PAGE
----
As evidence, Wightkin produced a map on the presentation screen that showed a number of business incubators and hubs that nurture entrepreneurs and their startups. The incubators are located in downtown Chicago, on the city’s North Side and all the way out to Naperville.
But none anywhere near the south or southwest suburbs.
“I look down here and I don’t see anything,” he said, gesturing toward a designated area on the map that showed Palos Heights and Trinity College. “It’s a desert.”
“With Trinity and Palos Heights, we’ve got a great opportunity to create something together. A successful incubator would put Palos Heights on the map as a leader in innovation, community engagement and resident wellness and success,” Wightkin said.
Fusion59, with a name that offers a nod to the year Trinity Christian College was founded (coincidentally the year Palos Heights incorporated as a city, noted Bob Grossart, committee chairman), is currently housed in a “transformed” space in the boardroom at the Trinity library.
Trinity is located at 6601 W. College Drive in Palos Heights.
Plans are in the works, said Wightkin, to move operations into an area on campus that would be easier for the public to reach. He also mentioned the possibility that Fusion59 might someday physically expand to an additional location, off campus and into a building somewhere else in town.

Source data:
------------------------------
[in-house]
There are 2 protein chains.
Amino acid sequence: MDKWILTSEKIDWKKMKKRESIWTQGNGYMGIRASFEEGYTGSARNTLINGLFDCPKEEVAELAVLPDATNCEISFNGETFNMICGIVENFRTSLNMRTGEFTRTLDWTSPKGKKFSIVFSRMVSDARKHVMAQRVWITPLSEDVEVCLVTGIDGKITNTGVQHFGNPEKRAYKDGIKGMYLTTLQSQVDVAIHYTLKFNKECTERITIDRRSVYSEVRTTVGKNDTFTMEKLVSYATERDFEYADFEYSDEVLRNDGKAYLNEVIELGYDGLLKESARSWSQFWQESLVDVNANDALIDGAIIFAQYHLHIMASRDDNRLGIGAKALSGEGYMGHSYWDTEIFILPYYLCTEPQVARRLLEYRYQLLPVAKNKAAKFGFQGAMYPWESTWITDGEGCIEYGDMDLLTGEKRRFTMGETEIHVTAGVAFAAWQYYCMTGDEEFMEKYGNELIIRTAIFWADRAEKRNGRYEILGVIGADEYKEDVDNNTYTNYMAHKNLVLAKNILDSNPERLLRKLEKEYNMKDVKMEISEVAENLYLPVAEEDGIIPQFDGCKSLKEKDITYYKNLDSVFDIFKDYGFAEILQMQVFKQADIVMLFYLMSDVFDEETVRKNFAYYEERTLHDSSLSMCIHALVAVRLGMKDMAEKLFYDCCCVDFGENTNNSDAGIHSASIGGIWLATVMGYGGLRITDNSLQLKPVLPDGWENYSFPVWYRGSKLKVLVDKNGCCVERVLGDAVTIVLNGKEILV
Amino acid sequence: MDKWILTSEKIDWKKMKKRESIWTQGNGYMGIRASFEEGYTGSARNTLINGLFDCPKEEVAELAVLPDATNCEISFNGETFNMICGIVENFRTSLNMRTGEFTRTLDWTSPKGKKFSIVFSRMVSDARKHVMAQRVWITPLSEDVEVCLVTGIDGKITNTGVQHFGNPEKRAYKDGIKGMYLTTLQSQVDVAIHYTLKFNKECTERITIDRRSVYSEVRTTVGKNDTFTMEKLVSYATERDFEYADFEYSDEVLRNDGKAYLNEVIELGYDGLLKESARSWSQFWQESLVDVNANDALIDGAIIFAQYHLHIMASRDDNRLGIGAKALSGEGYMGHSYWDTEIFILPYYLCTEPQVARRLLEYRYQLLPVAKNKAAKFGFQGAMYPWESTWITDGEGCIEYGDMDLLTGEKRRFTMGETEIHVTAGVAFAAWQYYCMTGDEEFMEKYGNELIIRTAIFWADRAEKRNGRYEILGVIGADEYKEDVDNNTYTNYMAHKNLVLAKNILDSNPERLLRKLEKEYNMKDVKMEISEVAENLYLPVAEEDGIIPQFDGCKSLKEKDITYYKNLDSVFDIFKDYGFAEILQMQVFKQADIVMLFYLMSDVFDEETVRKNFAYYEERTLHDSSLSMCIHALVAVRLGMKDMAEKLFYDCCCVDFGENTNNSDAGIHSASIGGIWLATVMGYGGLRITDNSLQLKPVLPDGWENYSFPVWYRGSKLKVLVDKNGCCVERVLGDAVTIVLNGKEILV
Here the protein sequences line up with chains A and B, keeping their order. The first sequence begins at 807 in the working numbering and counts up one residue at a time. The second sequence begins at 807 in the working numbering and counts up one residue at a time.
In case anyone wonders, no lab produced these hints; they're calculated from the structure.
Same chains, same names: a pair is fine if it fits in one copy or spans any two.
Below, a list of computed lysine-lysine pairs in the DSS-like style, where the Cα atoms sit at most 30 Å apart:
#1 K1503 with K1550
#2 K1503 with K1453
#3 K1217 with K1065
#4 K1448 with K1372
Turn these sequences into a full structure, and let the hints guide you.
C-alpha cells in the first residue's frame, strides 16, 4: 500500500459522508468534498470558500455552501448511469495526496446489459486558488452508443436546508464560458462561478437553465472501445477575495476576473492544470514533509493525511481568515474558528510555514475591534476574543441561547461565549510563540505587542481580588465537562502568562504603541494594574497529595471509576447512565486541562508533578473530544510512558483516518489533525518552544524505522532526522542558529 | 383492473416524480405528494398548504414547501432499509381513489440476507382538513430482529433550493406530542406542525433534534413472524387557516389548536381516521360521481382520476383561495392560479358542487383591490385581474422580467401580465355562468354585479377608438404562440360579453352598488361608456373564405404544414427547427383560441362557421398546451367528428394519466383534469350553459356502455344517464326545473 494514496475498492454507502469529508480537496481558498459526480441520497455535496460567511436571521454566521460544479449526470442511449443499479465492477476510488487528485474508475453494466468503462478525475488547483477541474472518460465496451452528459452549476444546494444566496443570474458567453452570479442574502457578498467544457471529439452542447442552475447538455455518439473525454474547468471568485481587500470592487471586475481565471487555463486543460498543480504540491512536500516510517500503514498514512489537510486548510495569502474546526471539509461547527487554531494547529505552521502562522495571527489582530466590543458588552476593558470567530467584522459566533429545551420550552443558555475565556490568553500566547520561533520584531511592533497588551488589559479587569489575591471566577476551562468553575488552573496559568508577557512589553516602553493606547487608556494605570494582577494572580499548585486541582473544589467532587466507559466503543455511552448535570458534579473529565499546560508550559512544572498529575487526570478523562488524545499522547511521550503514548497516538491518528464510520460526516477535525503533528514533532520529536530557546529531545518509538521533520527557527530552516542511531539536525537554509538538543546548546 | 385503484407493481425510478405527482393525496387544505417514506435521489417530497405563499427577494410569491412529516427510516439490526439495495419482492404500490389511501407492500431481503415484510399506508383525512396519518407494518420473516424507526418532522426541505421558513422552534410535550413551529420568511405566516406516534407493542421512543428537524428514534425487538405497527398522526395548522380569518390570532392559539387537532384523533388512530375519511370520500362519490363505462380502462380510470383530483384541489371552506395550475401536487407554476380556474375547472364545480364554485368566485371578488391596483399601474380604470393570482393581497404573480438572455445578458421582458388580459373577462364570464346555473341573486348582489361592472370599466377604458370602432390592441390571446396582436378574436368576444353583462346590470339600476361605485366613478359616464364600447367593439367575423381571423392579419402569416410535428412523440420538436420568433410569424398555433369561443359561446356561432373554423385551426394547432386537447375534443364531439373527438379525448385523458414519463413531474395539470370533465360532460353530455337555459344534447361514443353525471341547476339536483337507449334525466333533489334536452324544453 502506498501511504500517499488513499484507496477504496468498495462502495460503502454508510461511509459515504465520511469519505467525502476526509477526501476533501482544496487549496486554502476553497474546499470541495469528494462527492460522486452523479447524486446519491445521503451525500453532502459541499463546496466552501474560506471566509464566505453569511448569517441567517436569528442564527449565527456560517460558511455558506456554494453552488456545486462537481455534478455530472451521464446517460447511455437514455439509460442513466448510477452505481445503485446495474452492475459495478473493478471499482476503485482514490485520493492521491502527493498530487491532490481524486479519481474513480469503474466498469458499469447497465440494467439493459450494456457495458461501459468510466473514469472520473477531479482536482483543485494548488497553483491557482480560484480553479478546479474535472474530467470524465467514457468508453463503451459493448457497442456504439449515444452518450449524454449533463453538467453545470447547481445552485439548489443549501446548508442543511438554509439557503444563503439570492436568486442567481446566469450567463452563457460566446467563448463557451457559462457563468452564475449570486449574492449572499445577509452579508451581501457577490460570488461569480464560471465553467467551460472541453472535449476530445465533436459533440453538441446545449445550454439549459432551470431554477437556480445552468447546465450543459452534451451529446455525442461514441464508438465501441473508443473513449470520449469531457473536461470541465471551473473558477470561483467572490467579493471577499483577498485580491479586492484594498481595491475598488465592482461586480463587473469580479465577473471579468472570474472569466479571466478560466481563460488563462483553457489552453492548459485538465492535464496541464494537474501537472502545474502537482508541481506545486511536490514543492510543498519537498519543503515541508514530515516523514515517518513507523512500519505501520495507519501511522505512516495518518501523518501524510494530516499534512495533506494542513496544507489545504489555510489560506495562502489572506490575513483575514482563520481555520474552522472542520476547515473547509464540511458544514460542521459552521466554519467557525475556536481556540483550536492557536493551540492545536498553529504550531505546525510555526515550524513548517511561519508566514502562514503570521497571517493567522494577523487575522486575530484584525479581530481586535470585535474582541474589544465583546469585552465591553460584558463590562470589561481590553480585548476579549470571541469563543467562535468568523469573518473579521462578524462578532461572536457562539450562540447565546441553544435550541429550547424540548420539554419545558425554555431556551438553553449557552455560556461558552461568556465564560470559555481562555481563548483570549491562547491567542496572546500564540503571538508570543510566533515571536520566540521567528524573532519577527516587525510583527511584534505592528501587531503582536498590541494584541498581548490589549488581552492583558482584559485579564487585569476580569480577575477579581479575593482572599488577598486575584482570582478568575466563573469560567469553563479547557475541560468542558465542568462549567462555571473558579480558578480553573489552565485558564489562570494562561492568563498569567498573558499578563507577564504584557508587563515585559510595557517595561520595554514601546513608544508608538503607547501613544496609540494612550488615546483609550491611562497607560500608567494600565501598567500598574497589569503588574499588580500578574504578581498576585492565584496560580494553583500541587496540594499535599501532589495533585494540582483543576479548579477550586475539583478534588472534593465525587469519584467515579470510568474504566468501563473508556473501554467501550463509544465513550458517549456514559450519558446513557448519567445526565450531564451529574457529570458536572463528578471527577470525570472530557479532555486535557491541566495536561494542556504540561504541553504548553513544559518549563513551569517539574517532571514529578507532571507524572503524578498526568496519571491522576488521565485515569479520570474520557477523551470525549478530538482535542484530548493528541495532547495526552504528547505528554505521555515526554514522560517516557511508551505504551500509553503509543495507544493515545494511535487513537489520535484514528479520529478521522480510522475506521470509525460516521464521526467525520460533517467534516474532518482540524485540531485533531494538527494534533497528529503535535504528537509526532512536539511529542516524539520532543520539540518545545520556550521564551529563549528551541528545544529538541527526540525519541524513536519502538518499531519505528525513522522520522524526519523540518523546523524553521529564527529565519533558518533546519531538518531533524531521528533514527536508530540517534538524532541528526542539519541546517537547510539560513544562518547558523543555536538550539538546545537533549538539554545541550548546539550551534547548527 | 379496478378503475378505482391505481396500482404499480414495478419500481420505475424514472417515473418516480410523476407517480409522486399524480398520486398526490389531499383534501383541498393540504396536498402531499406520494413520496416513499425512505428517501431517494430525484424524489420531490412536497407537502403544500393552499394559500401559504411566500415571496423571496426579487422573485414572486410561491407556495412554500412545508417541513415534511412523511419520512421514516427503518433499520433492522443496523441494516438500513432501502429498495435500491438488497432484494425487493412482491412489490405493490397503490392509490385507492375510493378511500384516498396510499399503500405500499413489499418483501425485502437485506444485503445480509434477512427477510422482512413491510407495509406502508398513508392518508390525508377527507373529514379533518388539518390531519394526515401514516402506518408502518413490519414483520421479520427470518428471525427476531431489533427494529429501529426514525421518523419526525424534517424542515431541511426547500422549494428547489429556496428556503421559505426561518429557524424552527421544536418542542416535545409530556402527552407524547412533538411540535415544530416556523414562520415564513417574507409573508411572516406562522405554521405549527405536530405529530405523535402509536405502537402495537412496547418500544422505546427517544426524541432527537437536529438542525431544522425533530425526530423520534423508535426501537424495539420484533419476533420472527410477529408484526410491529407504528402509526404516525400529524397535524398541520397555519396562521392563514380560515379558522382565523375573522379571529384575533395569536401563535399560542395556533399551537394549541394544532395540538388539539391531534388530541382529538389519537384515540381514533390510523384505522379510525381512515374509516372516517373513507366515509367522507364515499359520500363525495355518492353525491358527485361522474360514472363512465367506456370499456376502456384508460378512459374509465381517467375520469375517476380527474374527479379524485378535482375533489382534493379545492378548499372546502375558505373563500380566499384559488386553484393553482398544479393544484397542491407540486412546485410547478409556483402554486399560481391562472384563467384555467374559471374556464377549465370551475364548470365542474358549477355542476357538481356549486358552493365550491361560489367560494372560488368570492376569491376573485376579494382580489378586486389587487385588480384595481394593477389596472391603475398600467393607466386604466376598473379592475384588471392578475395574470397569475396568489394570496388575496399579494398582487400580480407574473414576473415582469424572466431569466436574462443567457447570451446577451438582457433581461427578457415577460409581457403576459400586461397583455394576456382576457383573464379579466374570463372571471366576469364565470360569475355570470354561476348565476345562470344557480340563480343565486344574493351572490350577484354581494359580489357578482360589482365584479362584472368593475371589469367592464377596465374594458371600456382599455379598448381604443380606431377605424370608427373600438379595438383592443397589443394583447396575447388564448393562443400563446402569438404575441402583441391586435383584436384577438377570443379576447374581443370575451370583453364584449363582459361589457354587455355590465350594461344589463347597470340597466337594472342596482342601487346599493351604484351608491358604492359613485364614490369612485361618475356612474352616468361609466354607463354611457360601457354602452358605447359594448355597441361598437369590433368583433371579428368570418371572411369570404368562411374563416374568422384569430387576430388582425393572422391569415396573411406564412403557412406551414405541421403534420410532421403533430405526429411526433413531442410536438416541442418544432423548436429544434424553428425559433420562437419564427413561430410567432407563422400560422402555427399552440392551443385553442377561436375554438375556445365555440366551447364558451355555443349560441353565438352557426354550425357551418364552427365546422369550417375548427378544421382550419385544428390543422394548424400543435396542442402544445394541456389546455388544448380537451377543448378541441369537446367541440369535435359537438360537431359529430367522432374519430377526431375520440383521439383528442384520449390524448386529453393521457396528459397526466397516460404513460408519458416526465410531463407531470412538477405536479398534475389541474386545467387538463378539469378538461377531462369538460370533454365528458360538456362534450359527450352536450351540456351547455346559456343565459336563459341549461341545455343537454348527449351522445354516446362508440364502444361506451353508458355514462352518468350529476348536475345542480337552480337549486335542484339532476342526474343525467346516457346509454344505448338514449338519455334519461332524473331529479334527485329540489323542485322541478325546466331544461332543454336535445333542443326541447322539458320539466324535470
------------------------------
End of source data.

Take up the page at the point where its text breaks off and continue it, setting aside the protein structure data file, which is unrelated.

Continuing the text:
“Fusion is the coming together of people, who together make more than just the separate parts,” he said. “1+1=3.”
Taking part in the presentation were Tom Iwema and Ryan Hesslau. They were seniors last year and each runs his own small business. They are co-directors of Fusion59.
Iwema is the owner and president of IKG Property Maintenance, specializing in commercial painting contracting and environmental abatement, including mold and asbestos, for which his firm is licensed, he said.
Hesslau is the founder and executive director of Forever U, a youth empowerment organization. He’s also the founder of Above the Waves, providing communication and technology counseling for high schools and universities.